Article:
The economic recovery has weakened in most rich nations due to the impact of the Delta variant of coronavirus, the International Monetary Fund (IMF) says.
It also told the BBC inflation would “stay elevated” for the next few months in countries like the UK and US and central banks needed to be vigilant.
It cut its 2021 growth forecasts for advanced economies – in particular the US, Japan and Germany – but said most would grow strongly next year.
But it said poorer ones may fall back.
Separately, the fund voted to keep Kristalina Georgieva as its head after she was engulfed in a data rigging scandal.
Ms Georgieva had vehemently denied claims she pressured staff to alter data in favour of China when she was head of the World Bank.
The global economy contracted sharply in 2020, but rebounded strongly in the first half of this year as countries unlocked.
However, in its latest World Economic Outlook, the IMF said “momentum had weakened” since then as the highly transmissible Delta variant of coronavirus stopped “a full return” to normality.
IMF chief economist Gita Gopinath said one of the biggest problems was high inflation, particularly in the UK and US where it is running at 3.2% and 5.3% respectively.
This was partly due to a “mismatch between demand and supply”, but also in the case of the UK soaring gas prices.
She said inflation was likely to stabilise in most placed by mid 2022, although it would take until 2023 in the UK. However, she central banks “should absolutely be vigilant about what’s happening”.
Ms Golpinath also blamed the slowdown on continued health risks and supply chain disruption, warning that “risks to economic prospects have increased”.
The IMF cut its projection for global growth in 2021 only marginally to 5.9%, but said it masked large downgrades for some rich countries.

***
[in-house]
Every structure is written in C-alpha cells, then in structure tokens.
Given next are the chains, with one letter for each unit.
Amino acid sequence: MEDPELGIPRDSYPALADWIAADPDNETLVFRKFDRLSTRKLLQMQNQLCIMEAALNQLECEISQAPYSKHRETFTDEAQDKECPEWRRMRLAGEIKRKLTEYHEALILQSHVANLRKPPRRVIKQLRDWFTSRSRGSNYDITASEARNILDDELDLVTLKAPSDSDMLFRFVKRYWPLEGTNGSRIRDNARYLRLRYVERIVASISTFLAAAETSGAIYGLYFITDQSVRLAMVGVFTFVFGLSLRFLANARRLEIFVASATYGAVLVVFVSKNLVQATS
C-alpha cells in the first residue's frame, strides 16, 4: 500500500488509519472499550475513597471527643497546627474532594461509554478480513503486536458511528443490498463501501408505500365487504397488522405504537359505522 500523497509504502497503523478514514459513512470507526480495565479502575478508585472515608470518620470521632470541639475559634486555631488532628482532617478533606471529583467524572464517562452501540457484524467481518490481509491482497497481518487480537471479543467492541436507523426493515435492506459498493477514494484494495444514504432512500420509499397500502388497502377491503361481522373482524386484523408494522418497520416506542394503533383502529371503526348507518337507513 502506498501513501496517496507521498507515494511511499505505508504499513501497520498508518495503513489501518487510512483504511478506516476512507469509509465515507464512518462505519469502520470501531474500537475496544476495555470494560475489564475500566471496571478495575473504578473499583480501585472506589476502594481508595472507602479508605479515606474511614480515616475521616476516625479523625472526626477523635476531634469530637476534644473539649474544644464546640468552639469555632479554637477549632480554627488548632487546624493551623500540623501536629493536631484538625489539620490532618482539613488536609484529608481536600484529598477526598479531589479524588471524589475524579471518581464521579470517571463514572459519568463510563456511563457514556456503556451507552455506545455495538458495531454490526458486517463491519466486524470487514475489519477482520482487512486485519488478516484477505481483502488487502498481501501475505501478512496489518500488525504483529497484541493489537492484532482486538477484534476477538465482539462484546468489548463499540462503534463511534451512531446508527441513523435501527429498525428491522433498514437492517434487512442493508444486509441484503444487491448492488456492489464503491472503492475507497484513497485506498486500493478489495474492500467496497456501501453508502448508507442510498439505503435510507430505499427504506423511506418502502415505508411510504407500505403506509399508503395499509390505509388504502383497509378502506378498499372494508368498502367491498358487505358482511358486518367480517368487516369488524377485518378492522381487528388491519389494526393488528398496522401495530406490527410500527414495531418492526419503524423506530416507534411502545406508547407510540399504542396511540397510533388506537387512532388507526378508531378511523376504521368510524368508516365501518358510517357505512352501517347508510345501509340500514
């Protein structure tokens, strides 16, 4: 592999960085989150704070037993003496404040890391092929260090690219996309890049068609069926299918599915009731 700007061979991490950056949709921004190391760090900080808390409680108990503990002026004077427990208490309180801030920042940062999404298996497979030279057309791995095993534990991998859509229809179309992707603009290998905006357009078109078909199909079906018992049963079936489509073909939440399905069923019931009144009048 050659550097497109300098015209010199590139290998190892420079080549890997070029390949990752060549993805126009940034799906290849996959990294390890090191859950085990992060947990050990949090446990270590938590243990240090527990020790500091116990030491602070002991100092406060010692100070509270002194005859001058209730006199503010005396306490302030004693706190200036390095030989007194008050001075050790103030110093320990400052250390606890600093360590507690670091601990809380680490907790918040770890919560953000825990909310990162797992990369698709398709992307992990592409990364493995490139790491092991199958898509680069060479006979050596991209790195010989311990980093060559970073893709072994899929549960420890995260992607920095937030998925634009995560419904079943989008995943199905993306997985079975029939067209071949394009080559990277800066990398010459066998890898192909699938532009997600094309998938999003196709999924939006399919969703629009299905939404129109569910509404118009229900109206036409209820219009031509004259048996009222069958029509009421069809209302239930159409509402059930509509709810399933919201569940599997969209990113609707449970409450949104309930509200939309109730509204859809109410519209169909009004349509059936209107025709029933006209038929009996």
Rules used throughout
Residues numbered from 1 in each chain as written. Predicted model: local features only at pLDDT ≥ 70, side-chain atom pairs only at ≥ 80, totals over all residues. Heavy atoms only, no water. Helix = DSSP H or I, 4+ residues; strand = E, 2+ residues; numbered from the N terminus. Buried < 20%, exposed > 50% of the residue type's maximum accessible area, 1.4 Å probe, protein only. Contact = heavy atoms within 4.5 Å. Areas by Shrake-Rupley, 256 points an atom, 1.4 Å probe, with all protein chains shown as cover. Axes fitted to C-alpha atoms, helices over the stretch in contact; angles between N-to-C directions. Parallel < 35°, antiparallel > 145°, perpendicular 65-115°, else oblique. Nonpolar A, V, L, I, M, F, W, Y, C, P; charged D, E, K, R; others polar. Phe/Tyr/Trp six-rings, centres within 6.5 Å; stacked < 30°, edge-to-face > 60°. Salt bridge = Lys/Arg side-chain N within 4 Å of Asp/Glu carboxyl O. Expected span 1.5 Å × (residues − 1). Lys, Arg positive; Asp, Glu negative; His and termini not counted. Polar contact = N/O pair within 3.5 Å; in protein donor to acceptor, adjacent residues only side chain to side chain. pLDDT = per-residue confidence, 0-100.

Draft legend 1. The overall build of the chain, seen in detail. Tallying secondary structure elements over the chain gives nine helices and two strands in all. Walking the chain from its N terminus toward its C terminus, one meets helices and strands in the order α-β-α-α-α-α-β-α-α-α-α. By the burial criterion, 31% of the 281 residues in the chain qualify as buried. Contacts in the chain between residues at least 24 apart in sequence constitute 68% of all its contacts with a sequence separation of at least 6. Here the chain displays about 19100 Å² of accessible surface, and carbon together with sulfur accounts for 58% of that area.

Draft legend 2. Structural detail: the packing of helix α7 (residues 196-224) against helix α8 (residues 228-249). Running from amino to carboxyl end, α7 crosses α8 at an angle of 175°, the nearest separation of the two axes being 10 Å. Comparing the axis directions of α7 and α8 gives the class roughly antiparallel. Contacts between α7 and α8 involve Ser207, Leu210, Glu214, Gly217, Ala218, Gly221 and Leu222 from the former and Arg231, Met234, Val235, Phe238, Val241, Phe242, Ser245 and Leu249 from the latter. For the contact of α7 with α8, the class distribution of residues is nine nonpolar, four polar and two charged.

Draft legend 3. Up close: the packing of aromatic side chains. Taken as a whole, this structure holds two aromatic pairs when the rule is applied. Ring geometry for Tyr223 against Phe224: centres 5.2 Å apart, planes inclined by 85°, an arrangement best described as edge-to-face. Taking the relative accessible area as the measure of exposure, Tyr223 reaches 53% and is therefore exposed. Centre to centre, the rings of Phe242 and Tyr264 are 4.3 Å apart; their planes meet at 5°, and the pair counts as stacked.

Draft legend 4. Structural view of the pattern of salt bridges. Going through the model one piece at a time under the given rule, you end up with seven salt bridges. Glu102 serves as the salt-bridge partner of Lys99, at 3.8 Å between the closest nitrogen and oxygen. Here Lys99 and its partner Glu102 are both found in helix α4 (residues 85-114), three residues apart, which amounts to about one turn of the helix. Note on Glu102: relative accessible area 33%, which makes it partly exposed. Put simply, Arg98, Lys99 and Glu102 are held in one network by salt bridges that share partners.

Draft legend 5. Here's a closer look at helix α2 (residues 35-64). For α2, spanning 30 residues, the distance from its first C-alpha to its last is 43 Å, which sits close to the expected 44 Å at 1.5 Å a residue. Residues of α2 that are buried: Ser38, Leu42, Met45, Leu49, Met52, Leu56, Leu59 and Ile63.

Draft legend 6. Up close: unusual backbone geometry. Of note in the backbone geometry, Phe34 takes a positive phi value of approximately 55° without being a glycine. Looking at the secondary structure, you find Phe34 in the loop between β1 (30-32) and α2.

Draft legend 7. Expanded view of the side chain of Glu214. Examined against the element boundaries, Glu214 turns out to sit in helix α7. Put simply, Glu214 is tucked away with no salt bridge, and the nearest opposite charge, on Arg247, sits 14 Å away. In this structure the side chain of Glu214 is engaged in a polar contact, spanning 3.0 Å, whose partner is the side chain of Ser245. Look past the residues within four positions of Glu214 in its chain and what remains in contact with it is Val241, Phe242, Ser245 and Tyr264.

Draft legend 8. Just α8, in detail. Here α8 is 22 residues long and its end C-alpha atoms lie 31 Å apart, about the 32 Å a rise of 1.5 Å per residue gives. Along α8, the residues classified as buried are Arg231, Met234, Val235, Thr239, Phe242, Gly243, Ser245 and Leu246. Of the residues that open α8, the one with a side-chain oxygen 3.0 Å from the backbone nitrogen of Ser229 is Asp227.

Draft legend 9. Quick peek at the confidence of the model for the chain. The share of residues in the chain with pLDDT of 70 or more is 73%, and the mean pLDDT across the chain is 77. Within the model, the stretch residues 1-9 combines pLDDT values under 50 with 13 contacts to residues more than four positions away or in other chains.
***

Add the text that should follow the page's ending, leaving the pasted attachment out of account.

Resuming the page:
- Notably it expects the world’s largest economy, the US, to grow by only 6% this year, down from the 7% the fund forecast in July .
- It said Japan and Germany, the third and fourth largest, would expand by 2.4% and 3.1% respectively – down from 2.8% and 3.6%.
The UK’s economy is forecast to grow by 6.8% this year, down from the previous forecast of 7%.
However, the IMF expects most advanced economies to return their pre-pandemic growth trends next year as supply chain issues ease, and to exceed it by about 1% in 2024. By contrast, it said emerging and developing economies (excluding China) could fall back and remain 5.5% below their pre-pandemic forecast by 2024.
“These divergences are a consequence of the ‘great vaccine divide’ and large disparities in policy support,” Ms Gopinath said.
“While over 60% of the population in advanced economies are fully vaccinated and some are now receiving booster shots, about 96% of the population in low-income countries remain unvaccinated.”
The hit to these countries’ living standards would be “much higher” now, she told the BBC.
On fiscal policy, the IMF said countries would have to tread fine between controlling inflation and giving their economies enough stimulus to recover.
It said that debt in many countries was at record levels due to emergency pandemic spending, and employment remained significantly below pre-pandemic levels.